9 Under-the-Radar Wide Receivers Ready for NFL Stardom

We’ve built an updated regression tree for wide receiver prospects – incorporating collegiate production, combine measurables and age – and figured out which branches and leaves are occupied by the 2016 class members. Next, it’s time to take a look back at recent draft classes to see if there are any prospects who profile for NFL success, but just might not have had the opportunity to fulfill their promise.

When you’re building a model to predict NFL success, one of the more enlightening parts of the process is testing. It’s fun to see who of the 2016 prospects look like they’ll be successful, but it’s equally thought-provoking to see names from the recent past who produced in college like future NFL stars, but haven’t yet broken through.

I looked through the last four draft class (2012-2015) and identified four different wide receivers who:

  1. Profiled for NFL success according to our regression tree
  2. Are still in the NFL
  3. Haven’t had the opportunity to breakout, either due to injury or depth chart struggles

You’ll recognize some of these names, but most readers will only faintly recall others. Early in the dynasty offseason is the time to acquire these receivers on the cheap, and profit mightily if they can finally translate elite collegiate production into NFL success.

First, let’s look back at the update regression tree:

wr_tree_prod_meas

I’ve spilled a lot of ink talking about how the different branches break down and why career market share of receiving yards is the most important number for predicting wide receiver prospect success.

Another way to visualize the actual prospects and if they fall into the top-two success leaves, is to plot career market share against final year market share of receiving yards. I also added color to the data point to indicate if that receiver averaged more than 16 yards per reception, which is a requirement of the second highest success leaf.

tree_wr_2012_2015

There aren’t a whole lot of names in the top success leaf, or the green area on the plot (career share >= 0.29, final year share >= 0.42). But, there are quite a few who fell into either the blue or yellow regions, which means they hit one-of-two thresholds. Plus, the yellow region contains five prospects with final at least 16 final-year yards per reception, qualifying them for the second leaf.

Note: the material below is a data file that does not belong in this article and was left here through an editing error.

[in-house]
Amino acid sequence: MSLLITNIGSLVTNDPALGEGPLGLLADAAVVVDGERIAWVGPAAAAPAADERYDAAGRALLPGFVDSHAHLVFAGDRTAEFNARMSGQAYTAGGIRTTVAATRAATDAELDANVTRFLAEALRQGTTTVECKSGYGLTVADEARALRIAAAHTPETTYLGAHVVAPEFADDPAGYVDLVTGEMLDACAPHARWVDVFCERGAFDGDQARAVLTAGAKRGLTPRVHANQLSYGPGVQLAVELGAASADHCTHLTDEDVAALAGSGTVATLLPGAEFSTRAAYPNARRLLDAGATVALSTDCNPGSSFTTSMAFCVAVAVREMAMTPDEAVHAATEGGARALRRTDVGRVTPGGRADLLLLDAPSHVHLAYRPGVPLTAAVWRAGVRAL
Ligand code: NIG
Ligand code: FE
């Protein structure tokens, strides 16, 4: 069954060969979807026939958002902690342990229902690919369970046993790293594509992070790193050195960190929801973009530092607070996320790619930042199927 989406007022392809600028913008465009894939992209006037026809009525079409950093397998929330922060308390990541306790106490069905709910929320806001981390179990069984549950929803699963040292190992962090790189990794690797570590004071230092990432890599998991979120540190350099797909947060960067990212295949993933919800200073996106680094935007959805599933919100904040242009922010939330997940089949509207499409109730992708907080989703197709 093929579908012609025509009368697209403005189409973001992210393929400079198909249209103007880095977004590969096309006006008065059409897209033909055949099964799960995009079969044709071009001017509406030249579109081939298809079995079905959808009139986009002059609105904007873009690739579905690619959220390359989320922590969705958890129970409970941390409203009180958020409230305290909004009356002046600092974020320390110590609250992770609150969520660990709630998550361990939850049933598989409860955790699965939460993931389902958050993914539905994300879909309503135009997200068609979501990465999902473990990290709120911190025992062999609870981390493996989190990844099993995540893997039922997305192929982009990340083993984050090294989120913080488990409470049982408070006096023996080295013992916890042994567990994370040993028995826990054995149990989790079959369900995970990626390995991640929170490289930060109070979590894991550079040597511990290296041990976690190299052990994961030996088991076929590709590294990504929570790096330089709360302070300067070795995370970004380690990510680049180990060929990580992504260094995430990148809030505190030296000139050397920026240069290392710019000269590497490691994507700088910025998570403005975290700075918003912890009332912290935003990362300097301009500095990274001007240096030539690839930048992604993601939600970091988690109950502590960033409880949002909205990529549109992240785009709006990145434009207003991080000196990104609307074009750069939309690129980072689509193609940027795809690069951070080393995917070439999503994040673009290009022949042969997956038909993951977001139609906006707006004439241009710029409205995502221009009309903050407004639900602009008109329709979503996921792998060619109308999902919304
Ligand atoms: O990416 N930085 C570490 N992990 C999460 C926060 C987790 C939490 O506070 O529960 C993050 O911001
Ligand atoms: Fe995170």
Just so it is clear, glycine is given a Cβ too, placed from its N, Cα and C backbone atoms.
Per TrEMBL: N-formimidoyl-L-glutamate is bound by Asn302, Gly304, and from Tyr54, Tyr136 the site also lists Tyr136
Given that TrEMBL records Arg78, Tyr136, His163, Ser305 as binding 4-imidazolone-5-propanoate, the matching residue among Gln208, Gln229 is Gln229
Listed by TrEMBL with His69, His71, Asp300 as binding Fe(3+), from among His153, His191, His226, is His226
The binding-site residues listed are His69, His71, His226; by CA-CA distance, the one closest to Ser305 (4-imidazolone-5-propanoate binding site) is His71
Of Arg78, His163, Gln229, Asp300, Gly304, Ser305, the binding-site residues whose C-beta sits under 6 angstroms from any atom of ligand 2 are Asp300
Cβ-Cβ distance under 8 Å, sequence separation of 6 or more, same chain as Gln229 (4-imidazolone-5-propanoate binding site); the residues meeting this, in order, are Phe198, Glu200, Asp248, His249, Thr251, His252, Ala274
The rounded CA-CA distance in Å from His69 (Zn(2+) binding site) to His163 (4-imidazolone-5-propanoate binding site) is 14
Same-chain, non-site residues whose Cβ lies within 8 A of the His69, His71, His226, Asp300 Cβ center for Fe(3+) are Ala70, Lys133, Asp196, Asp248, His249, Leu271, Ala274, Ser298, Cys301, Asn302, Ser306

Here are the names in those shaded boxes:

tree_wr_2012_2015_top

Those new to RotoViz might not understand how loved some of these names are to long-time contributors. While I enjoy rehashing our past love-letters, there are also some names that only received slight attention here.

Starting with the green area, the top performers, you’ll see second-year breakouts Jordan Matthews and Allen Robinson, rookie sensation Amari Cooper and past RotoViz flame, Marvin McNutt.1

The Elite Prospects

Name College Draft Year Draft Age Career MS Yds MS Yds Career MS TDs Yds/Rec
Rishard Matthews Nevada 2012 23 0.36 0.44 0.32 15.0
Jared Abbrederis Wisconsin 2014 24 0.30 0.42 0.27 13.9

While McNutt is out of the league, there are another name in the green area who is about to potentially find a new home and opportunity to shine, Rishard Matthews. I was shocked to see that Matthews’ receiving shares match those of No. 4-overall-pick Cooper’s exactly.2 We’ve already called Matthews this year’s best free agent receiver, but other sites barely have him in the top five. Now is the time to invest in Matthews with the peace of mind that his mini-breakout last year was more a pattern of past performance than a fluke.

Jared Abbrederis also barely makes it into the green area, and his opporunity in Green Bay might be larger than you think. With Jordy Nelson sidelined last year, Randall CobbDavante Adams and the rest of the Packers’ receiver corps looked completely out of sorts, and even the soon-to-be 31-year-old Nelson could be on the tail-end of a great career. Unfortunately, Abbrederis hasn’t been able to get much going in the NFL after an ACL tear during training camp in 2014, then suffering a concussion and rib injuries that kept him out for multiple weeks in 2015.

The Field-Stretchers

Name College Draft Year Draft Age Career MS Yds MS Yds Career MS TDs Yds/Rec
Chris Givens Wake Forest 2012 23 0.31 0.40 0.38 16.0